Community Positive: Christ to Our Neighbors

    Apr 19, 2015

    Passage: John 15:12


    Isaiah 42: 5-9 and John 15: 12-17


    Have any of you heard of or read the 2001 National Book Award for non-fiction, “The Noonday Demon” by Andrew Solomon? He has a more recent release, 2012 “Far From the Tree” Parents, Children and the search for identity. Anyway, this author who writes about depressions and love in difficult situations was put in touch, before he began his writing career, with a well-known British biographer from whom he thought he would receive advice like which publisher to call to get the best deal for his books. Instead, the biographer said: “I have only one piece of advice for you. HAVE A VISION AND CLEAVE TO IT.”

    HAVE A VISION AND CLEAVE TO IT……To see lives transformed, families strengthened, and our community renewed through intentional relationship with Jesus Christ.

    We have talked about the vision and its importance as well as its source. We heard about renewed lives and how God’s Holy Spirit makes that possible. Today I’m concentrating on the community: the community positive of faith with which we worship and its positive effect on the communities in which we live.

    Have you ever climbed a wall or a cliff? If you have, and unless you have free climbed without help, you remember being attached to a belaying rope or tied to another climber and the rope always being there for safety. However, you also had to depend on hand holds and foot supports to climb to the top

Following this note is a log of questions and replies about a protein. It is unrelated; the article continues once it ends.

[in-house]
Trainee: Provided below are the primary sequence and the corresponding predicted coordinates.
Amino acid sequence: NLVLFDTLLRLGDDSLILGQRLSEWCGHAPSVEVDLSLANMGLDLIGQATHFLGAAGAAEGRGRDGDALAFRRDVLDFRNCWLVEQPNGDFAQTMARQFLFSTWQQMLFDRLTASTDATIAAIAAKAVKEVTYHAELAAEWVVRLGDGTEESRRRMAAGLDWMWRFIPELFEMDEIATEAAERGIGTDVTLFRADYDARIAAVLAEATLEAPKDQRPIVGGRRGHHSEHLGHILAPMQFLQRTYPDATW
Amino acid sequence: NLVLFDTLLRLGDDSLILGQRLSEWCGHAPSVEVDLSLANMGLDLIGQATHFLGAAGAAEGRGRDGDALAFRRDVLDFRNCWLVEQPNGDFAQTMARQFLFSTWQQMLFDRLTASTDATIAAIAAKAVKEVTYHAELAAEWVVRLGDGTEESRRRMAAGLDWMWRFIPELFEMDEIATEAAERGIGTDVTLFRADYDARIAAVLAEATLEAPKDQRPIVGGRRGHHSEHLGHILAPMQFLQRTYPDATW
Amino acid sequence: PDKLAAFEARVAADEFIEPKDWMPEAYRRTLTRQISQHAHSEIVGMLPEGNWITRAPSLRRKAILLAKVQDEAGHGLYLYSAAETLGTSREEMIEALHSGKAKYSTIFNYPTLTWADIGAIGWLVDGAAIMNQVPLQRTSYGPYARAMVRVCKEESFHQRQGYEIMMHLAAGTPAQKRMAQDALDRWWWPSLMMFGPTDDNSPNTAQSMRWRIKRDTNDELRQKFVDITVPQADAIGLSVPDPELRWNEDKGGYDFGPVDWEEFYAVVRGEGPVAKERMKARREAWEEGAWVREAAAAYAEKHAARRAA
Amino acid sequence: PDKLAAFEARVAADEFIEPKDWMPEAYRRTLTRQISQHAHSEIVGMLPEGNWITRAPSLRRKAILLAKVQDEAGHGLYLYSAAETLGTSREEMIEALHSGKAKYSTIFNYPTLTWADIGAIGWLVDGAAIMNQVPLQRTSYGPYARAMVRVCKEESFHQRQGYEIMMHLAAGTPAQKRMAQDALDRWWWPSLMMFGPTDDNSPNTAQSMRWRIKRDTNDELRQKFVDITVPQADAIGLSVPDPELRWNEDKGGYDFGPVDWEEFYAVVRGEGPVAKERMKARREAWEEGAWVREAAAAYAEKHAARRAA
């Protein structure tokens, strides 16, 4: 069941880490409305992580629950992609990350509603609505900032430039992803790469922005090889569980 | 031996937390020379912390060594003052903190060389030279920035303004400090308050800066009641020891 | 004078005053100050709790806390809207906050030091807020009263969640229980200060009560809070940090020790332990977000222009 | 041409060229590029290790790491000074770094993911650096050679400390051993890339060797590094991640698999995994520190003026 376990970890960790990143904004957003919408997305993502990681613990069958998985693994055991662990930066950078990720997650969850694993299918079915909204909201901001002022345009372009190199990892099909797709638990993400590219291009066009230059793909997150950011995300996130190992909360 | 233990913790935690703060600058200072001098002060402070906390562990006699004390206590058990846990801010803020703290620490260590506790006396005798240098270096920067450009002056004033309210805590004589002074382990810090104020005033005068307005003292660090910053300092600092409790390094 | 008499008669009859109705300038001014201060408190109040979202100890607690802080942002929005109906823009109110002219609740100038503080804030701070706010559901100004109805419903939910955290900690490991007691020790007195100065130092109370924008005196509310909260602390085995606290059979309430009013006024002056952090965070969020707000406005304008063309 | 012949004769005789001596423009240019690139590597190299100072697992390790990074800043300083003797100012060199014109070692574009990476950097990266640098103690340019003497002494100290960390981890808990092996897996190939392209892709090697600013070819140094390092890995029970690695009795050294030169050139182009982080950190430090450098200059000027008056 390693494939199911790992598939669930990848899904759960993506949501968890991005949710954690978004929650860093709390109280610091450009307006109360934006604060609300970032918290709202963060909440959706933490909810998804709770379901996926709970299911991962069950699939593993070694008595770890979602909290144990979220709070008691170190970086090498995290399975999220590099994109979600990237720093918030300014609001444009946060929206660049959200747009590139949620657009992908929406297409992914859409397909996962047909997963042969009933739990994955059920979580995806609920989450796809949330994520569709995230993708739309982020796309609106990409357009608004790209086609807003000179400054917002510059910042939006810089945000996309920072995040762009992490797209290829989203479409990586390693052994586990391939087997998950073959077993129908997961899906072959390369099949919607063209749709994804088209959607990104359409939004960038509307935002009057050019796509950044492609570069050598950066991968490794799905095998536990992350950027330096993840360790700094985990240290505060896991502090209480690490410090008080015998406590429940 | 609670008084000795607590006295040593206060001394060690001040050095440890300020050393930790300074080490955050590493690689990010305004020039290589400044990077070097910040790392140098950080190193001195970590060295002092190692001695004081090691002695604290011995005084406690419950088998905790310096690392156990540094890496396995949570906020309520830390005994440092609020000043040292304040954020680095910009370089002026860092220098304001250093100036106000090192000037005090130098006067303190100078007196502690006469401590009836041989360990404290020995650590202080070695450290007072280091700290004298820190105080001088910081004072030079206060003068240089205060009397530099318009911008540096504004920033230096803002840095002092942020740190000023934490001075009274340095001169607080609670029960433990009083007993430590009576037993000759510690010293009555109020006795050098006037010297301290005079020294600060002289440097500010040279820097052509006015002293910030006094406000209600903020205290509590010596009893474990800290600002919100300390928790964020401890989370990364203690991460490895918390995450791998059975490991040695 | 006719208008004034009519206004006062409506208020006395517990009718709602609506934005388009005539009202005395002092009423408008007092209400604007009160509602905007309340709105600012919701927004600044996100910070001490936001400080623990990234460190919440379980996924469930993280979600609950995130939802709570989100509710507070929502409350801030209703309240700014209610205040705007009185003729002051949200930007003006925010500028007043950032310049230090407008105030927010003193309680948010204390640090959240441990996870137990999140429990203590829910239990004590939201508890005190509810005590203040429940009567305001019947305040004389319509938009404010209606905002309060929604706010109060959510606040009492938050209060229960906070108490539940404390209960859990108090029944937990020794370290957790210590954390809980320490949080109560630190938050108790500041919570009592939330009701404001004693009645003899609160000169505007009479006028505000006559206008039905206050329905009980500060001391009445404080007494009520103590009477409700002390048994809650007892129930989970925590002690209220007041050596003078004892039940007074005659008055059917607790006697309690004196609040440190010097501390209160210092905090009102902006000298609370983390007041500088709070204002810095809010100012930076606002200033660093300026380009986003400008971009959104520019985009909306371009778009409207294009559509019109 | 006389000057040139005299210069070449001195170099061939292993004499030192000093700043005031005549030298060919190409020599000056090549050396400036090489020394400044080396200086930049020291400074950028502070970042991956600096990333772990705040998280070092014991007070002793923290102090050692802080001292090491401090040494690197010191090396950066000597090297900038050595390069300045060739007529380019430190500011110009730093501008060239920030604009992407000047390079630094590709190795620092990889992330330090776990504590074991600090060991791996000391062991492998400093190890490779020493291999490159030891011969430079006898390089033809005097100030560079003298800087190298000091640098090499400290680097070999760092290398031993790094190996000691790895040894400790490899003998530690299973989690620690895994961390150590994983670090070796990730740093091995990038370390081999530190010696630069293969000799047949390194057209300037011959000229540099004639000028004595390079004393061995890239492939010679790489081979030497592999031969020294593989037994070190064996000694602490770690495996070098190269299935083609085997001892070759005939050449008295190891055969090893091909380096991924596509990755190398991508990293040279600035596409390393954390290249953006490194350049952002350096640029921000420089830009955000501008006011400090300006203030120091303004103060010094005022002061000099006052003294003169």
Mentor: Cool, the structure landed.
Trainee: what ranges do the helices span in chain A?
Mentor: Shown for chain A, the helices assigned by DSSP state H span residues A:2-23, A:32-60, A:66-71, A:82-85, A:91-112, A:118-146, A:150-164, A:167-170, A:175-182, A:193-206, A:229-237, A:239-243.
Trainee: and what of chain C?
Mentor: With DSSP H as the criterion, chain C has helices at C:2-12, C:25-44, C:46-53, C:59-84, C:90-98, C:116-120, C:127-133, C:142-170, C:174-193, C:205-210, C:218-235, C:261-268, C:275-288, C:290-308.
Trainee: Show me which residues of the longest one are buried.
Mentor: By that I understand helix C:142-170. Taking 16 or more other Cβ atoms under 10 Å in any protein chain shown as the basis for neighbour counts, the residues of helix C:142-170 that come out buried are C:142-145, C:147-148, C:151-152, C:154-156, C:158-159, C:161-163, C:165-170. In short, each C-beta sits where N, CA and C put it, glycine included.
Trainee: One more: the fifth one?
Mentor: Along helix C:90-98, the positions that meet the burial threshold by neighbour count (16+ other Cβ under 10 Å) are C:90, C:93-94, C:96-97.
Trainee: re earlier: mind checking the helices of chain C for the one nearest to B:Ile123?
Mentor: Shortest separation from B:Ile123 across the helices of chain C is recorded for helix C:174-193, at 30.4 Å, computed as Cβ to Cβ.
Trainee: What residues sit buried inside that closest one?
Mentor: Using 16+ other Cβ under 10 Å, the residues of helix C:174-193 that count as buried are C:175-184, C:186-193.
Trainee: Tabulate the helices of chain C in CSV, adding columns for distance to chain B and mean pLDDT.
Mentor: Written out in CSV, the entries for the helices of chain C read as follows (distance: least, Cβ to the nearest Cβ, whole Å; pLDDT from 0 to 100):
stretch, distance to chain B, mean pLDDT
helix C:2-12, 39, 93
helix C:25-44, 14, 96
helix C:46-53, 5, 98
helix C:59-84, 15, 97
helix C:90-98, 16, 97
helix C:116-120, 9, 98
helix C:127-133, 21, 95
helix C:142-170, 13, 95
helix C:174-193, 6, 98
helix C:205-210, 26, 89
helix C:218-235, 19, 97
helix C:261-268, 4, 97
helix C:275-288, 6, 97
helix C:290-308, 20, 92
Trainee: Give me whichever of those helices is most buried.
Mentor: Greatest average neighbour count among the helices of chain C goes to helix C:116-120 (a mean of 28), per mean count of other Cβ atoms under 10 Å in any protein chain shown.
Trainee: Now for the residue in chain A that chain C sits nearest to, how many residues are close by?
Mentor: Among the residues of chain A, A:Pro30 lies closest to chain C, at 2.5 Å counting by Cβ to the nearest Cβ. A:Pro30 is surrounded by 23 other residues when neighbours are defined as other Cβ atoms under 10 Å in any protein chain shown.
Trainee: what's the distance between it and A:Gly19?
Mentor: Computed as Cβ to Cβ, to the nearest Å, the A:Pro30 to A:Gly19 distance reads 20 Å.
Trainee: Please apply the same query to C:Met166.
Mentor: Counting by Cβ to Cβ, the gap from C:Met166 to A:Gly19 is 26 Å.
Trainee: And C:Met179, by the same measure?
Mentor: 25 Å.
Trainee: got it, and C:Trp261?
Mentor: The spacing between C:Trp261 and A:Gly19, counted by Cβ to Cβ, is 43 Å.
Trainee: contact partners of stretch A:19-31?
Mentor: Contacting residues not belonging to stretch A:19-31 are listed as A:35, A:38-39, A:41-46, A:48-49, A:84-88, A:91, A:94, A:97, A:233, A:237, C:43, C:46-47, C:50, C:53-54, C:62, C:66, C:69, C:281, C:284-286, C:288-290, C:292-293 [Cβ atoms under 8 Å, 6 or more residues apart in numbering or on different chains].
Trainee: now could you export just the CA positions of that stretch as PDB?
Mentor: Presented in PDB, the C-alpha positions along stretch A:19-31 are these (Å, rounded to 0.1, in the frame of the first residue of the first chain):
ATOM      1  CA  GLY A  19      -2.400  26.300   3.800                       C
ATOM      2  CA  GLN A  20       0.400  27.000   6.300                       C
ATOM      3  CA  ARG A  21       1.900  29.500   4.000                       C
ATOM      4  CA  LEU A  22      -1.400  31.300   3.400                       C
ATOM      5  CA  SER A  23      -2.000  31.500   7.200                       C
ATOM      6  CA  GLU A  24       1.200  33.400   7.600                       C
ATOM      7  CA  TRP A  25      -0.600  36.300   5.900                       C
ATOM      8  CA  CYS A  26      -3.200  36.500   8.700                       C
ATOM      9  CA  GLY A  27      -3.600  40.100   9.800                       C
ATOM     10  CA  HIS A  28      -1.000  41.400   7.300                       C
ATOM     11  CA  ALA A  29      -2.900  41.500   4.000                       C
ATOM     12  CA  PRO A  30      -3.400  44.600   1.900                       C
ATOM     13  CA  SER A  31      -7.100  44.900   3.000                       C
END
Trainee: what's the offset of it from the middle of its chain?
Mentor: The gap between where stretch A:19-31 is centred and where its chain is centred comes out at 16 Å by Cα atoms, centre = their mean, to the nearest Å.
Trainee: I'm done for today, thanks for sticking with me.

My goal is to give you hand-holds on our “Vision” to which you may cling. I think of the spiritual, “We Are Climbing Jacob’s Ladder” and I see us facing this vision as if it were El Capitan in Yosemite National Park. We have to climb it toward the realization of God’s will….We’re roped together, yet each of us must find our own handholds and foot supports. We have the family of God to help us, but each has a personal responsibility to hold onto our relationship with Christ as well as assist the whole community in our effort to make it to the top. Our Community Positive supplies the ropes to which we are all attached….our safety, our help, and another person who is as responsible for me as I am for them. The only way we’re going to make it to the top is TOGETHER.

    So what is community? What is Christian Community and how does our Christian community integrate itself with the rest of the folk in our towns and townships?


    A Presbyterian minister was called out by the police because a man was threatening to jump off a water tower. The minister yelled at him not to jump and he answered,